Hello! How are you? What are your current happiness goals? What is working for you? What needs some tweaking?
One thing that’s working for me is adding more plants to the inside of my home. After a long, cold Michigan winter, I began to realize that there felt like a slight lack of “life” under the blanket of snow. When my dog passed away in March, I have to admit that I felt a void of life inside our house. Life left our house, and I felt like some needed to enter.
What do I do when I’m uncomfortable? I read. Sometimes feeling like I’m educating myself makes the discomfort feel like it has meaning. So, what did I do when overcome with grief about our loss? I began reading about how to handle grief when losing a pet. I read and read and read, and perhaps the most helpful advice I found was to find a way to reconnect with nature. It said that when we can reconnect with nature, it becomes easier to see that death is natural and also a necessary part of life — that death is not just some big, terrible, bad thing, but rather quite normal, important and happening on a daily basis with good reason.
I spent a lot of time looking outside, noticing how plants and animals and humans all go through an actual life cycle. It was helpful. I felt an almost immediate need to move the plants I already owned into spaces where I would see them more, and to begin bringing new plants into my home as well.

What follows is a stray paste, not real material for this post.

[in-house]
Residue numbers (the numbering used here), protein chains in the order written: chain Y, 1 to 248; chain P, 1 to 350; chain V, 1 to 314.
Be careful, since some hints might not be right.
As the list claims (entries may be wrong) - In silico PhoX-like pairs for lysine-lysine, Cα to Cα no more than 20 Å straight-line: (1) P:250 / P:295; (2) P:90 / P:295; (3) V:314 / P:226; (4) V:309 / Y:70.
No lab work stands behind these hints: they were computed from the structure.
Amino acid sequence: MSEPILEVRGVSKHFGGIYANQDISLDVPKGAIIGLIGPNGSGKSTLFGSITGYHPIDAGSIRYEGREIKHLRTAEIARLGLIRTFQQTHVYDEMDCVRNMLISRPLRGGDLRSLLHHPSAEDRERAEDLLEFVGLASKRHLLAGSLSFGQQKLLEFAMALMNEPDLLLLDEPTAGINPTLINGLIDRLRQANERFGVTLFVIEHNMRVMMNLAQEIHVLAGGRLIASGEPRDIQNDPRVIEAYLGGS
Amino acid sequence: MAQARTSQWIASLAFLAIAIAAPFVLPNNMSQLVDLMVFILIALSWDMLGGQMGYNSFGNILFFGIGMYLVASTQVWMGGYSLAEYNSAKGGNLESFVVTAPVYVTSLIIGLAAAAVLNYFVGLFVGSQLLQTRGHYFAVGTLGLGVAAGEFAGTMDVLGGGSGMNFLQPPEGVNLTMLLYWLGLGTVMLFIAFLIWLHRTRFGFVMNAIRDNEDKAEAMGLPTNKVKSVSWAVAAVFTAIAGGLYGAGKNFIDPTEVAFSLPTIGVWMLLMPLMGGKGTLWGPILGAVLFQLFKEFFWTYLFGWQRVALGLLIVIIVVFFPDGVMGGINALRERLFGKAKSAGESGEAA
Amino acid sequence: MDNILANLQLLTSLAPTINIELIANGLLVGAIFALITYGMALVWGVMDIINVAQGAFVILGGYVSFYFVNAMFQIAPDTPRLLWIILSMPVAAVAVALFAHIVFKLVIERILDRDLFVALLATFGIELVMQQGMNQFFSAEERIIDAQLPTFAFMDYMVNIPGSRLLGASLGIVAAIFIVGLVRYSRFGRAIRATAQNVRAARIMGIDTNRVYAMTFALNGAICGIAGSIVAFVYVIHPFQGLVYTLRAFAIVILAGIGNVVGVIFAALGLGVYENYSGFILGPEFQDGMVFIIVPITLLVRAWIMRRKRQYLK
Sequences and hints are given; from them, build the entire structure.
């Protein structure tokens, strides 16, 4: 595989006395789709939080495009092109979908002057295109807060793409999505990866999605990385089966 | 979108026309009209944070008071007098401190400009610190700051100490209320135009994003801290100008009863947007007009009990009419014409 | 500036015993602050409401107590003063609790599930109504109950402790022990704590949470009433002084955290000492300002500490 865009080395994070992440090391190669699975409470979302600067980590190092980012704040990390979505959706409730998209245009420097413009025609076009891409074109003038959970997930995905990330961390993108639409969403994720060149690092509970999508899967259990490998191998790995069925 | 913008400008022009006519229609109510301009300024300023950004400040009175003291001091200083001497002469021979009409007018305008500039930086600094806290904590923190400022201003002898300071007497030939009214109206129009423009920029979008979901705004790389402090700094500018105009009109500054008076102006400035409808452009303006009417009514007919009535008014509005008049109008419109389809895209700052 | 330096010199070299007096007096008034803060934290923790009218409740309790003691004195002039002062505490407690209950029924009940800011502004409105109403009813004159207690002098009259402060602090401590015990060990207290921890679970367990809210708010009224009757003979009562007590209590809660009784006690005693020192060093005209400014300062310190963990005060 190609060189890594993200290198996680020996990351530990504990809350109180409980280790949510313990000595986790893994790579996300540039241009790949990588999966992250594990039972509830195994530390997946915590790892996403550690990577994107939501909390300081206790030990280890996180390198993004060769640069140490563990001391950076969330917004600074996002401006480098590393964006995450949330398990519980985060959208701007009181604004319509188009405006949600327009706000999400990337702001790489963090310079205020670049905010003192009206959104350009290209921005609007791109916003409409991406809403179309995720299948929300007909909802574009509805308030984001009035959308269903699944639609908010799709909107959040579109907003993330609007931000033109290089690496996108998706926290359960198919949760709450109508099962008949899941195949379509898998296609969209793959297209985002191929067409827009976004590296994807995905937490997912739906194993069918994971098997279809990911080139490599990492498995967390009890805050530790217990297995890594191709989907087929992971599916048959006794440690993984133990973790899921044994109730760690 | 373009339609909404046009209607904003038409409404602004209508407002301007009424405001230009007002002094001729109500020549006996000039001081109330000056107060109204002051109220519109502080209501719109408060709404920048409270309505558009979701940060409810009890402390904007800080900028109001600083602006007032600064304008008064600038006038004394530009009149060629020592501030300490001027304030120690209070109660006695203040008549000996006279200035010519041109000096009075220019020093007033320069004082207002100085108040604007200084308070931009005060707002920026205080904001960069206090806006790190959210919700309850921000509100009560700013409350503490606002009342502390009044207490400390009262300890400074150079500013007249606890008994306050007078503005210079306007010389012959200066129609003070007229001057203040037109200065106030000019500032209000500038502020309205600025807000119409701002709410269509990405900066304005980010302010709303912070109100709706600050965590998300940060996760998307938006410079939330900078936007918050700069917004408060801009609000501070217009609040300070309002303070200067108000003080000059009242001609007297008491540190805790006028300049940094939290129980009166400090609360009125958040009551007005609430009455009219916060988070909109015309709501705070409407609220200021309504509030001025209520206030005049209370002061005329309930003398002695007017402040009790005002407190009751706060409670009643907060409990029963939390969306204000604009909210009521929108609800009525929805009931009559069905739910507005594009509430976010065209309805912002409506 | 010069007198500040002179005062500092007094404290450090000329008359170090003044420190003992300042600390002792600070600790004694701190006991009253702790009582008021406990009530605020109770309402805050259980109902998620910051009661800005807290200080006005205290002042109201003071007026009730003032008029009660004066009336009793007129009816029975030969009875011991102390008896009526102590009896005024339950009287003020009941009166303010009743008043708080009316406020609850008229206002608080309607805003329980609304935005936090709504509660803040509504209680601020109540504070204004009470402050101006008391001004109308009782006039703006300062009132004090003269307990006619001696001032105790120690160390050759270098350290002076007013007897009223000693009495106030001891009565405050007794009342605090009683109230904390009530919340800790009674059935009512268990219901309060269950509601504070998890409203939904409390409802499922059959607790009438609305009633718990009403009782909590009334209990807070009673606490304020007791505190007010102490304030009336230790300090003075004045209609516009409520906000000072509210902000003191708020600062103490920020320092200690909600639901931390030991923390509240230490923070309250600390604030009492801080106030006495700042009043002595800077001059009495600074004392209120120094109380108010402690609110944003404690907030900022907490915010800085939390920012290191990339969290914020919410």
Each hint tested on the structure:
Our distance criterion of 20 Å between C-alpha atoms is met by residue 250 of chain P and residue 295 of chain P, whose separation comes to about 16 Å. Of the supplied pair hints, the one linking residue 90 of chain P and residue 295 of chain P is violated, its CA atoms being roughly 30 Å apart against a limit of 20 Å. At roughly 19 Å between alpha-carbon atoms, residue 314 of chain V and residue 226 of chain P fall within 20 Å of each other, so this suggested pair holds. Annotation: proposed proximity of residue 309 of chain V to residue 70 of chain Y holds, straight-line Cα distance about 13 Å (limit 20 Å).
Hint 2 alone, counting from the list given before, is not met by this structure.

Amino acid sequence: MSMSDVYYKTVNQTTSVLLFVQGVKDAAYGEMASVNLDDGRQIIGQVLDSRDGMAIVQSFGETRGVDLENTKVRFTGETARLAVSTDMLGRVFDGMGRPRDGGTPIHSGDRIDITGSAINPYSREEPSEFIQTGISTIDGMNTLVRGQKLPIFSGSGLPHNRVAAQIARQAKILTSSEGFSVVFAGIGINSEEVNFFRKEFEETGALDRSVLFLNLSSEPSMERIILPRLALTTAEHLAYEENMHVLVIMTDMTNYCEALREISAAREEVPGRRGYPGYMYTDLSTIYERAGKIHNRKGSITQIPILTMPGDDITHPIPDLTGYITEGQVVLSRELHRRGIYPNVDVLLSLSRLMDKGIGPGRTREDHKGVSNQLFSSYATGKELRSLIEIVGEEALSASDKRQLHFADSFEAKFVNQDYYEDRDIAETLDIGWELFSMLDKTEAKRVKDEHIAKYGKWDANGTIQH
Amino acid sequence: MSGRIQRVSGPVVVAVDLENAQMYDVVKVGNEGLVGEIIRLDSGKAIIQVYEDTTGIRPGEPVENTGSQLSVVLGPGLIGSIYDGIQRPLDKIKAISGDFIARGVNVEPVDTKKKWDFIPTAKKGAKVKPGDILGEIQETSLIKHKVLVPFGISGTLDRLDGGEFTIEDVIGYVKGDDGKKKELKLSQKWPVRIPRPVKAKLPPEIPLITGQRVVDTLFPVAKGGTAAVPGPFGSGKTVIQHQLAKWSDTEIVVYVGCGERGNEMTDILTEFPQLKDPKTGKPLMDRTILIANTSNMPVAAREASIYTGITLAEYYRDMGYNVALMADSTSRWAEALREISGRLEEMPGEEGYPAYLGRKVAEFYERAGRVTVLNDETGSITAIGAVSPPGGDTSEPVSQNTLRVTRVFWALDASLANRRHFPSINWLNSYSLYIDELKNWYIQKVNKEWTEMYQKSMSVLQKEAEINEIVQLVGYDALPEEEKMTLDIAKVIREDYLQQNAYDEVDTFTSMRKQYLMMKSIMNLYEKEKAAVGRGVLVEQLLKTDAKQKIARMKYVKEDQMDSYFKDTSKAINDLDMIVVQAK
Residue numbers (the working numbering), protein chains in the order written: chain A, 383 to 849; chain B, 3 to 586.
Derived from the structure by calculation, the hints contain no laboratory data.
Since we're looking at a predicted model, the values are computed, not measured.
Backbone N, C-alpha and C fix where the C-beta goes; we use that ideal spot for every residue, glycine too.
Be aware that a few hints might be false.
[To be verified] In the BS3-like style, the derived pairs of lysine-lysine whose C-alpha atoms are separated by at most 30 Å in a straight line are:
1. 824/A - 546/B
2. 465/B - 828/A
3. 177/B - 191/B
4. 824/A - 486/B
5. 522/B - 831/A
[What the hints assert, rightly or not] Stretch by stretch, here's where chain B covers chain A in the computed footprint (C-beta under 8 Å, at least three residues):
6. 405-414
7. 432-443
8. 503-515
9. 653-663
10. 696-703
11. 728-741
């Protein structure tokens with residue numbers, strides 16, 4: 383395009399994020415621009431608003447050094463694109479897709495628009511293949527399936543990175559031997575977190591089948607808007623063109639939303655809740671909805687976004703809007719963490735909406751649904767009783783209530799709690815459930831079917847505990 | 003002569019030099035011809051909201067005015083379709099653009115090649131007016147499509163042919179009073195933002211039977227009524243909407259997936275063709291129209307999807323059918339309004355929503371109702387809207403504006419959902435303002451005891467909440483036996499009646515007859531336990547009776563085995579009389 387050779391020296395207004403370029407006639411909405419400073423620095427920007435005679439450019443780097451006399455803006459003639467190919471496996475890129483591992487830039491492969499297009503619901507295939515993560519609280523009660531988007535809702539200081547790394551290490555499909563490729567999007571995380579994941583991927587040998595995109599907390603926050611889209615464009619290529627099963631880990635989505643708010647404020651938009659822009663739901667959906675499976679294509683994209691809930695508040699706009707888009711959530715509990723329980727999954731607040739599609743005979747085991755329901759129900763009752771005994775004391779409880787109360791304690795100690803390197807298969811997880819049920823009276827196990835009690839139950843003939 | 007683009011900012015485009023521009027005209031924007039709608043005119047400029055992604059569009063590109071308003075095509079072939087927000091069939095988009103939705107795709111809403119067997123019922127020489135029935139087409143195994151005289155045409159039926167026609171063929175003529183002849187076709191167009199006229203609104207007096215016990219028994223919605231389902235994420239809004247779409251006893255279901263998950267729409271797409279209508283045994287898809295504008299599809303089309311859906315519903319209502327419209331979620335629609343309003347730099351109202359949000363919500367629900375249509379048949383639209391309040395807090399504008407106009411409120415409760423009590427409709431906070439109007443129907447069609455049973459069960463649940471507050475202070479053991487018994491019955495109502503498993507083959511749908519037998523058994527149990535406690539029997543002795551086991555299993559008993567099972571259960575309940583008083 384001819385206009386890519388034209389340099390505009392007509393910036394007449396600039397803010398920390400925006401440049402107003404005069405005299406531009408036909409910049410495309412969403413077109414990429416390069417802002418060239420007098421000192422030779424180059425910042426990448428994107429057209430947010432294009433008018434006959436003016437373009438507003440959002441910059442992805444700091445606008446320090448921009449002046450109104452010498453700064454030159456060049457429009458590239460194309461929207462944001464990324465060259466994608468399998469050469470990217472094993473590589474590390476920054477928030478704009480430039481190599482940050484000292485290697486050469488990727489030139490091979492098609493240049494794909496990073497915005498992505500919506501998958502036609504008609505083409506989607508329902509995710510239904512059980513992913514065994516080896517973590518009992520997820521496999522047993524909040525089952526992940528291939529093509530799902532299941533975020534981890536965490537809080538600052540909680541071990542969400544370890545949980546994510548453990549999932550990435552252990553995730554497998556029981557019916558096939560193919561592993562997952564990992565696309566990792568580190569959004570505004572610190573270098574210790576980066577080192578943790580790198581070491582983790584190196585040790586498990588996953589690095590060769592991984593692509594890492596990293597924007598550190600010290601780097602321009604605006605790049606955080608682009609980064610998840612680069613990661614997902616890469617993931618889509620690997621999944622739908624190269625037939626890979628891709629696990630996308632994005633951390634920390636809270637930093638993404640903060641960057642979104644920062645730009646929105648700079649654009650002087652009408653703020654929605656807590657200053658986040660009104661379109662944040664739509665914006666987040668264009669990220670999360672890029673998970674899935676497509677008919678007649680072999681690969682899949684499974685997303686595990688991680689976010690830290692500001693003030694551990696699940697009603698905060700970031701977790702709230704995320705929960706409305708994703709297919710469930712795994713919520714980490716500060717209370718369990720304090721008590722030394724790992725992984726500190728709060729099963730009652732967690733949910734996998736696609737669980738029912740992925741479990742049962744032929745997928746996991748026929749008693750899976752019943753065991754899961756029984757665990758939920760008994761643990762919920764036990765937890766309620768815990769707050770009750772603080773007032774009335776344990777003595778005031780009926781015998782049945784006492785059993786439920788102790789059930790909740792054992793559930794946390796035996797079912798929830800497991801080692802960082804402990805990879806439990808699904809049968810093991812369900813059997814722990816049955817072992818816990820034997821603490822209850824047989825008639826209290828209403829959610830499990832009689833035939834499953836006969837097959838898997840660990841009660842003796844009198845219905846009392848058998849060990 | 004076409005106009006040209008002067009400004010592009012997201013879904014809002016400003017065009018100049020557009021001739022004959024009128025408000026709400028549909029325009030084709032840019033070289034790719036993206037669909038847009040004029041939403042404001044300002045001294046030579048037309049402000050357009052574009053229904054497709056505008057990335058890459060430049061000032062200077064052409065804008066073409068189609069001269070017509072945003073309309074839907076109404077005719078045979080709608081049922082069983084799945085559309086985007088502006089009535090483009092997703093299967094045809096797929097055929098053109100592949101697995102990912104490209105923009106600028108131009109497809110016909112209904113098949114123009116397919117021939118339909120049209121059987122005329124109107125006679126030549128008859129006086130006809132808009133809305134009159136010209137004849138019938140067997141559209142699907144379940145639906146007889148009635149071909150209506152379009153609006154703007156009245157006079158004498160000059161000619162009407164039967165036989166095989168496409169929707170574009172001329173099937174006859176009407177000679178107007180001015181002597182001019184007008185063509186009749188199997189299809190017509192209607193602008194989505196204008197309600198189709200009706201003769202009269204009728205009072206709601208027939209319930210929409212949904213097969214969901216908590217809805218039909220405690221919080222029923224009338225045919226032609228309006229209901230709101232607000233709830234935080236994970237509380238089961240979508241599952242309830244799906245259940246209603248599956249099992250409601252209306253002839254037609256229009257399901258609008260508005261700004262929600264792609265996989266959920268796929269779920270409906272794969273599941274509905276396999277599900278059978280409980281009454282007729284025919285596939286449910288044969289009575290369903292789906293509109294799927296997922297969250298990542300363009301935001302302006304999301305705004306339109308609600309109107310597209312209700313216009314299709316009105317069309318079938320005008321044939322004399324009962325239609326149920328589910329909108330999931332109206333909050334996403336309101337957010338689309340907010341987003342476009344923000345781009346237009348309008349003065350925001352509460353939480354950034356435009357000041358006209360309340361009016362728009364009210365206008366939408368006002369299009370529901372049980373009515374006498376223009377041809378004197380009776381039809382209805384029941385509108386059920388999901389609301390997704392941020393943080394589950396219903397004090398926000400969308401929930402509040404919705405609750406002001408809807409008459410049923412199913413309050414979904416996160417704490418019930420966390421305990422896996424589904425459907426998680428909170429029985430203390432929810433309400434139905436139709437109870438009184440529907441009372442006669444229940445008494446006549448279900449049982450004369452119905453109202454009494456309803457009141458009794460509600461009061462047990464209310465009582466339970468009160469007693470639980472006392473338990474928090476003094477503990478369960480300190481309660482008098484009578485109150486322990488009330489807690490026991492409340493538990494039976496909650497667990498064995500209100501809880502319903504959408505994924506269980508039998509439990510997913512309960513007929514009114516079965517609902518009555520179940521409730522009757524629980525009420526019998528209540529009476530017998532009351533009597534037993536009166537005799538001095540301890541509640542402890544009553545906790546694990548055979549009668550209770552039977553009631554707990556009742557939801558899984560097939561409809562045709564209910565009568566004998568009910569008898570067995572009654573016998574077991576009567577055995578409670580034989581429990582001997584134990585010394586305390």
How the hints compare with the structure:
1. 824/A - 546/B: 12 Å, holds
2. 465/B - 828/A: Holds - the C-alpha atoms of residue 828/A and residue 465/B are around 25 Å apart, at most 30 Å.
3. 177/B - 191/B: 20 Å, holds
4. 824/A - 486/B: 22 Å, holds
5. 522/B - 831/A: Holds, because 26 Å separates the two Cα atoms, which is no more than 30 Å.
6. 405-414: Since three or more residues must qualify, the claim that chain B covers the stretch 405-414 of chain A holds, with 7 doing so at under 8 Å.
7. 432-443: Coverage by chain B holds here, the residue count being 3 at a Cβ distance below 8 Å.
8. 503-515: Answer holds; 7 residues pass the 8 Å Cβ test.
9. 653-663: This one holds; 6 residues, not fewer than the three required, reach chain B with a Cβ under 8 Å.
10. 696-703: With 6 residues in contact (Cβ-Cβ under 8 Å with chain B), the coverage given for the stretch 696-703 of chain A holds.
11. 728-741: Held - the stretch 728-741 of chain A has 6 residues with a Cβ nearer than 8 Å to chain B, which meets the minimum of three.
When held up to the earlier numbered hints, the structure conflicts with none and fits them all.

I don’t have the greenest of thumbs, so I was mindful of selecting plants that are pretty easy to keep alive (read: succulents), and containers that I find equally beautiful. Check out the mini fern above in that beautiful coffee mug!
And this tiny succulent in a dainty glass creamer container. It’s not just new life in the house, but a new life for the vintage container as well!
There’s something grounding about plants. Dirt. Rocks. Roots. Light. Water. Air. It’s just so solid and secure.
I was once asked in a job interview, and there was no possible way to prepare for this question, “If you were a tree, what kind of tree would you be?” This was off the wall and felt somewhat inappropriate for a job interview, but I took a stab at it. But before I tell you what tree I would be, I have to ask: If you were a tree, what kind of tree would you be? And why?
What makes you feel grounded? What soothes you in times of grief? What brings new life into your home? I’d love to hear.